Groundhog DayToday's Indian Express reports that soon we may have direct air links between Iceland and India. That gladdens me because I have a strange fascination for Iceland.
The direct, single cause for this fascination was a spy thriller called Running Blind by Desmond Bagley. This book was set among the lava lumps of Iceland and the description of the landscape (which isn't always covered by snow contrary to popular perception), the geysirs, the desolation and how all of this has shaped the people of the land somehow attracted me to Iceland. I have always nurtured a secret desire to visit that country and perhaps a direct air link would come in useful :-)
This Icelandic interest had one amusing consequence. The book describes how many Icelanders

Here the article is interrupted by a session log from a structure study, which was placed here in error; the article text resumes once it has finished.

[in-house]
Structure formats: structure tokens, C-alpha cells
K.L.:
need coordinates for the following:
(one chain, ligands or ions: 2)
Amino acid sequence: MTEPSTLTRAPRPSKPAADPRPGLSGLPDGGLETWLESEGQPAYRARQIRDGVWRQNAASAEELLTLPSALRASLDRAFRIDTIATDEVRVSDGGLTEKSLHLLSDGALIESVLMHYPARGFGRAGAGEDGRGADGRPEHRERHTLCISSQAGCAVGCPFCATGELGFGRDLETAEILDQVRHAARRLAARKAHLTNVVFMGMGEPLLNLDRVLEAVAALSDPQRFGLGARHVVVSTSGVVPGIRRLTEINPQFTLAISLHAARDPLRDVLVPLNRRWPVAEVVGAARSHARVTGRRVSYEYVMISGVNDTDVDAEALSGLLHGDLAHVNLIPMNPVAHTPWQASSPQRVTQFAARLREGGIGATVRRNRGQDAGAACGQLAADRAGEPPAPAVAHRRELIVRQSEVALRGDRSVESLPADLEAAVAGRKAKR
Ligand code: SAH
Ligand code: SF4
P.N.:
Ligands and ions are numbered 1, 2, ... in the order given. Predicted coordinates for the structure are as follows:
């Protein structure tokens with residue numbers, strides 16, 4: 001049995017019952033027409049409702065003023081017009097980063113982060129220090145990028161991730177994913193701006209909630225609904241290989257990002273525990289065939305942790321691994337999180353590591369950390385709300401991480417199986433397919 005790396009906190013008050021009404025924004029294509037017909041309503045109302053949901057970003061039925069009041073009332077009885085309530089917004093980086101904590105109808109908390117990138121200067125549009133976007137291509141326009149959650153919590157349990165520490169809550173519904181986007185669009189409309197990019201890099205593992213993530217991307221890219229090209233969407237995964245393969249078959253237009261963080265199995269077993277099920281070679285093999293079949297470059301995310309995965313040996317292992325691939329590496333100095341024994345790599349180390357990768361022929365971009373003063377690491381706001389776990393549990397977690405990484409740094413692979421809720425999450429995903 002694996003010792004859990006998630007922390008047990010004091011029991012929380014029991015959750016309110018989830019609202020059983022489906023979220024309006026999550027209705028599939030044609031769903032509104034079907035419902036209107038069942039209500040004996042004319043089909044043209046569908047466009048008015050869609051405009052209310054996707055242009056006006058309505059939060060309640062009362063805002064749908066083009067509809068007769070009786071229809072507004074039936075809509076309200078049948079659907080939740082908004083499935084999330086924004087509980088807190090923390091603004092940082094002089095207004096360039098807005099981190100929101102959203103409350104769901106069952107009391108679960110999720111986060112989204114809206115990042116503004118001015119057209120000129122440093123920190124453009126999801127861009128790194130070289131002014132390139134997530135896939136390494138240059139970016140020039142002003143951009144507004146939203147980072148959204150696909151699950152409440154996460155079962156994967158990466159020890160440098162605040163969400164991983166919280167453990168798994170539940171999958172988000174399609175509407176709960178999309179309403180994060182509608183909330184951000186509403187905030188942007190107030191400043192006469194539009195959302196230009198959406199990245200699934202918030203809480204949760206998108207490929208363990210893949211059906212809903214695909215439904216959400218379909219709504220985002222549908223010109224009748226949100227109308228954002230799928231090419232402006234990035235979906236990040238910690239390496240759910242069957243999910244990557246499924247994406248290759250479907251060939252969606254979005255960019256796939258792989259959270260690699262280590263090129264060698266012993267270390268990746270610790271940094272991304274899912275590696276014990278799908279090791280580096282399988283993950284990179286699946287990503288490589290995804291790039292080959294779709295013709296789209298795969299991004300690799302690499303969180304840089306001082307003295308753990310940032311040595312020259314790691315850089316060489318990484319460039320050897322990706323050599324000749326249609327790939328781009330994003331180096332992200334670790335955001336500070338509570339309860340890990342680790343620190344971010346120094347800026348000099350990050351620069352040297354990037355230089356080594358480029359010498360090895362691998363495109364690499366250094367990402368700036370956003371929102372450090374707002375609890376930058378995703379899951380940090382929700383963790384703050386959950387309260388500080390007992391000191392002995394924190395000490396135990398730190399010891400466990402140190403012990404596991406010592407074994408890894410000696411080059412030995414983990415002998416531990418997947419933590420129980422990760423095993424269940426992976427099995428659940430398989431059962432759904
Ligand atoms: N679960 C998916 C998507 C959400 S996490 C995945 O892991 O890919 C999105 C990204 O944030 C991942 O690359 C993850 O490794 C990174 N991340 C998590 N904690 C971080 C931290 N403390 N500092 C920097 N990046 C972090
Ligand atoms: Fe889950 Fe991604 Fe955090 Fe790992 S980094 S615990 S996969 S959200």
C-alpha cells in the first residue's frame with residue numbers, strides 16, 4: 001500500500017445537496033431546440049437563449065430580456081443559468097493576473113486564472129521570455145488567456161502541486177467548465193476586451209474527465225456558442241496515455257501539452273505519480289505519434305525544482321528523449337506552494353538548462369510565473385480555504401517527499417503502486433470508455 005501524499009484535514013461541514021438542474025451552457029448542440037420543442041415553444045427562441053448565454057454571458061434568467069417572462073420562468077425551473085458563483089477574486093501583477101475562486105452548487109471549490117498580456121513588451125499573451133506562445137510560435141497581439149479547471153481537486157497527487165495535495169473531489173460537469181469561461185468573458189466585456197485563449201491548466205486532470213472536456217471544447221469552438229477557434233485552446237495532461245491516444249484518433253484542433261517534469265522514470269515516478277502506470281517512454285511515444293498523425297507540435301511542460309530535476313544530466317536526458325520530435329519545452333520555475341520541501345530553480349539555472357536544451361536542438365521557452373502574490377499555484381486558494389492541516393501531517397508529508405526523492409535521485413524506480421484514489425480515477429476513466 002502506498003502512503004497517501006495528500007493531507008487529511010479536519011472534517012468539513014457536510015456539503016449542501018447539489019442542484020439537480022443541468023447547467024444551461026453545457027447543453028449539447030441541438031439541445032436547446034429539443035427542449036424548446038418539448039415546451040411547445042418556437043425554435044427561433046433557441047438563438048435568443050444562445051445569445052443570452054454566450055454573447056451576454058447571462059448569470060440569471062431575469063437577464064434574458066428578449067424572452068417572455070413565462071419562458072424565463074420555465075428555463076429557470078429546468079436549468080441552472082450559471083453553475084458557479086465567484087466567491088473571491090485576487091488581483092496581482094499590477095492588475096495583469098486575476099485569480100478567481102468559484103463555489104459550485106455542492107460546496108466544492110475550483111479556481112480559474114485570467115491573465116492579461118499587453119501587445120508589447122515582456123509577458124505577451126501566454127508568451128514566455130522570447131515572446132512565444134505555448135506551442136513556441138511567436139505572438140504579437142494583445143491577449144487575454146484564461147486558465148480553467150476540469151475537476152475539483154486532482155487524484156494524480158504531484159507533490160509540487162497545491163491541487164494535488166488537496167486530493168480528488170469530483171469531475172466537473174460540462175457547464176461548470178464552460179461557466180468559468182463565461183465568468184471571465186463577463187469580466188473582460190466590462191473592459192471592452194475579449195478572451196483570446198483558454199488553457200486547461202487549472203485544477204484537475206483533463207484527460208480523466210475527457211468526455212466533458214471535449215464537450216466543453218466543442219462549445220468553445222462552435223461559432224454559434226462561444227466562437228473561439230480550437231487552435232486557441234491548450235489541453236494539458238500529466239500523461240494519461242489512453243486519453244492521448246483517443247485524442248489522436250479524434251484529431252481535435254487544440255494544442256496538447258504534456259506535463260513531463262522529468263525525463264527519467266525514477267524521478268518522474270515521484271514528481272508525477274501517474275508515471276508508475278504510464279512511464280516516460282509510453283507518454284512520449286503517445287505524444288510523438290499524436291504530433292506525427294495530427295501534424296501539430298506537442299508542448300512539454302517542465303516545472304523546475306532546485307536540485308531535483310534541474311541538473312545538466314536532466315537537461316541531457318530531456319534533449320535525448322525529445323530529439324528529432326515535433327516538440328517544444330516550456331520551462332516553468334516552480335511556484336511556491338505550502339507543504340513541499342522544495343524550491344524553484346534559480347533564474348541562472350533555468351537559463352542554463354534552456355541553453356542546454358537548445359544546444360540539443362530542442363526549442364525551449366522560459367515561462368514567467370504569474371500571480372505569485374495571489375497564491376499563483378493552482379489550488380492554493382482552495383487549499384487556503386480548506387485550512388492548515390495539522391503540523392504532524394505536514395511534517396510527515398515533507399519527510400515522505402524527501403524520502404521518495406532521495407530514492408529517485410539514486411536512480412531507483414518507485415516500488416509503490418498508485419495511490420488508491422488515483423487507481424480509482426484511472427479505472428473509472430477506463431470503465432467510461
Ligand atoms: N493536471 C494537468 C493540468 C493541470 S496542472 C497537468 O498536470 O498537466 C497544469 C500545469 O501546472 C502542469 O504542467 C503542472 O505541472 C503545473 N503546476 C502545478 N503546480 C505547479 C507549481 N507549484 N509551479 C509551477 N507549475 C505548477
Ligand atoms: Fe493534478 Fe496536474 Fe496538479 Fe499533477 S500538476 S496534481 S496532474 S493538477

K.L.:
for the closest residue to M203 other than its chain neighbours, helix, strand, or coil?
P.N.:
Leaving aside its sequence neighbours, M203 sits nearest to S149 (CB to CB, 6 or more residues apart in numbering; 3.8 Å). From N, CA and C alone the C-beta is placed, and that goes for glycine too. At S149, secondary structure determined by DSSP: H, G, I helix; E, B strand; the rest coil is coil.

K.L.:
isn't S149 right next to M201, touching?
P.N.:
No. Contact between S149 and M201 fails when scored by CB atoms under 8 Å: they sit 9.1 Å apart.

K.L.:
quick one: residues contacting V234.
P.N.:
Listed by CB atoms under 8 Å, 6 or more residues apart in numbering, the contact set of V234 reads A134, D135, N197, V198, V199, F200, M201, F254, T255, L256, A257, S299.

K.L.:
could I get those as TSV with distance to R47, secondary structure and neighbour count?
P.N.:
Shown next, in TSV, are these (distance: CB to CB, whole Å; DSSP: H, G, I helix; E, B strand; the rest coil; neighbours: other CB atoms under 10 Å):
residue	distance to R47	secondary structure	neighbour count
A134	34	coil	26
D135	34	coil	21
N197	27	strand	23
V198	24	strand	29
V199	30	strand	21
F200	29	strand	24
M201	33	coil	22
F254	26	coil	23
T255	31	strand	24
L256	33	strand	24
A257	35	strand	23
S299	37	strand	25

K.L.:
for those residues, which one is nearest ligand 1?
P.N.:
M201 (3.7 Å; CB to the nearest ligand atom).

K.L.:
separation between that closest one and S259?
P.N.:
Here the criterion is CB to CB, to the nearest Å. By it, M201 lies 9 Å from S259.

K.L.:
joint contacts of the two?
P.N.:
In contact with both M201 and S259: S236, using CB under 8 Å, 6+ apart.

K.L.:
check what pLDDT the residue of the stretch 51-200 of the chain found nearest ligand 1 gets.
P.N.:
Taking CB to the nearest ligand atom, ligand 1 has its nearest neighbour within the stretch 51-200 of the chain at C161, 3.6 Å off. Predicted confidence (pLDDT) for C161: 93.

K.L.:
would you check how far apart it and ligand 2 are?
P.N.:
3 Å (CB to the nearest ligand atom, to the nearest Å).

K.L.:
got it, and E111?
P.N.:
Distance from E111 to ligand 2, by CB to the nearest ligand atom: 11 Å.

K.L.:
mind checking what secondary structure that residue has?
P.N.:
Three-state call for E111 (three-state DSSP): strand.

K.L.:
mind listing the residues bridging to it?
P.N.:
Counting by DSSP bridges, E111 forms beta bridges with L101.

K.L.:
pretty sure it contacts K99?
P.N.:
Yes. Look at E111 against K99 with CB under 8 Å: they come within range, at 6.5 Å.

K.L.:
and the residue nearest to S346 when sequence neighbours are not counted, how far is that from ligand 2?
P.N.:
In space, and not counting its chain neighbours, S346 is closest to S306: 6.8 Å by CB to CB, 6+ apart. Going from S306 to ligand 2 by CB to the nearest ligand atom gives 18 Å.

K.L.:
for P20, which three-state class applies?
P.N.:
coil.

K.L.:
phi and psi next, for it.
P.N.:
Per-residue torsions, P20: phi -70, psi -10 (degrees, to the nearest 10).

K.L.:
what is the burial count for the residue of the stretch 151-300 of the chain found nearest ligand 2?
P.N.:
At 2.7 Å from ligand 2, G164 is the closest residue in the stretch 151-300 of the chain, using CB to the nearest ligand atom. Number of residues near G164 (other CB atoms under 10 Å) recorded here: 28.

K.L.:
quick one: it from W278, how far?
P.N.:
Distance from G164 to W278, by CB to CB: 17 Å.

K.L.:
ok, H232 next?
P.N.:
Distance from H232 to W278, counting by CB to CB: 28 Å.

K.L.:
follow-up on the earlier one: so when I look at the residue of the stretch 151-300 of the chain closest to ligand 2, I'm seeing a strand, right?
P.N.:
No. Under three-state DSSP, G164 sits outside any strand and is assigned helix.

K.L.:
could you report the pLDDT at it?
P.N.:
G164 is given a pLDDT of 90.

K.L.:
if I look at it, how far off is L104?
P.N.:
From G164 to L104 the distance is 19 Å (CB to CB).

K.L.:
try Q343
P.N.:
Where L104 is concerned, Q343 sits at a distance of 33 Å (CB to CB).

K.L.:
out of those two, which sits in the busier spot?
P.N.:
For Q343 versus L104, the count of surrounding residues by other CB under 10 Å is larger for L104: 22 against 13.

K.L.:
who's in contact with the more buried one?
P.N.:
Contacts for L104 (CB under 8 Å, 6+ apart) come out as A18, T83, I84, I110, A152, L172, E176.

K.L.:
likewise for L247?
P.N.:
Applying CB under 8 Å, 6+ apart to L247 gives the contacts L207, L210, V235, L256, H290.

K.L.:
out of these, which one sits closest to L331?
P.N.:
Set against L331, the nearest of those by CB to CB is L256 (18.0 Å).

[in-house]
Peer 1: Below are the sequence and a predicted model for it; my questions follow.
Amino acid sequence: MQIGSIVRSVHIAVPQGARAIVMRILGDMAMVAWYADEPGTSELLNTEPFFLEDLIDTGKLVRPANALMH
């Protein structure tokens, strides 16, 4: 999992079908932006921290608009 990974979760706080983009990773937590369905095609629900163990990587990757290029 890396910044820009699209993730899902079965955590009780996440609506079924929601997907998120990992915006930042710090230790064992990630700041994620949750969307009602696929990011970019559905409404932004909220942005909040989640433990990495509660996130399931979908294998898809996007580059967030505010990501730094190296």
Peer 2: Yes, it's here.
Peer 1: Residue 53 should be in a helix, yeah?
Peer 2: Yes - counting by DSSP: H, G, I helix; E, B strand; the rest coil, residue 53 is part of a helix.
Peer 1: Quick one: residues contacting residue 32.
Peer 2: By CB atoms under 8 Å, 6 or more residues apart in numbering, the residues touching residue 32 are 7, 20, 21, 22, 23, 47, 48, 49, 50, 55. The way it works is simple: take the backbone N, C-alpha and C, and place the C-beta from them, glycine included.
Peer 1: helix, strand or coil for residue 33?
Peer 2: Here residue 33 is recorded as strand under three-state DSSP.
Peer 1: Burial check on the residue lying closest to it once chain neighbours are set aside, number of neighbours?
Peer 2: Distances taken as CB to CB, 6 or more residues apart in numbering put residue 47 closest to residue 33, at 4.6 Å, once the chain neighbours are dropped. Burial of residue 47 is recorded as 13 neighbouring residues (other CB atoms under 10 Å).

followed the "Germanic" system of naming where a suffix is added to the father's name
to produce the last name of a person. For instance, if Magnus had a son named Gunnar,
the son's name would become
Magnus Gunnarsson Gunnar Magnusson. In turn if Gunnar had a daughter called Elin, she would be called Elin Magnusdottir Elin Gunnarsdottir.
Apparently, this was quite common among the Scandinavian people and would cause a lot of headaches in managing records, for a single dynastic surname helps as seen in other countries. From what I learnt, countries like Sweden actually offered people incentives to abstain from this practice and stick to a single surname.
I happened to write in to Wordsmith during a week when the theme to their Daily Word was "patronyms" (names derived from the name of a father, ancestor or a family name). One reader, Willie Velloso, an 84 year old Brazilian from Florida mistakenly thought I was an Icelander and told me of his own interests in that land. He'd never been there himself, and was giving up all hope of doing so now.
In closing he mentioned it was unusually cold there, 4°C and asked me not to laugh at these "high" temperatures. I shivered just reading that!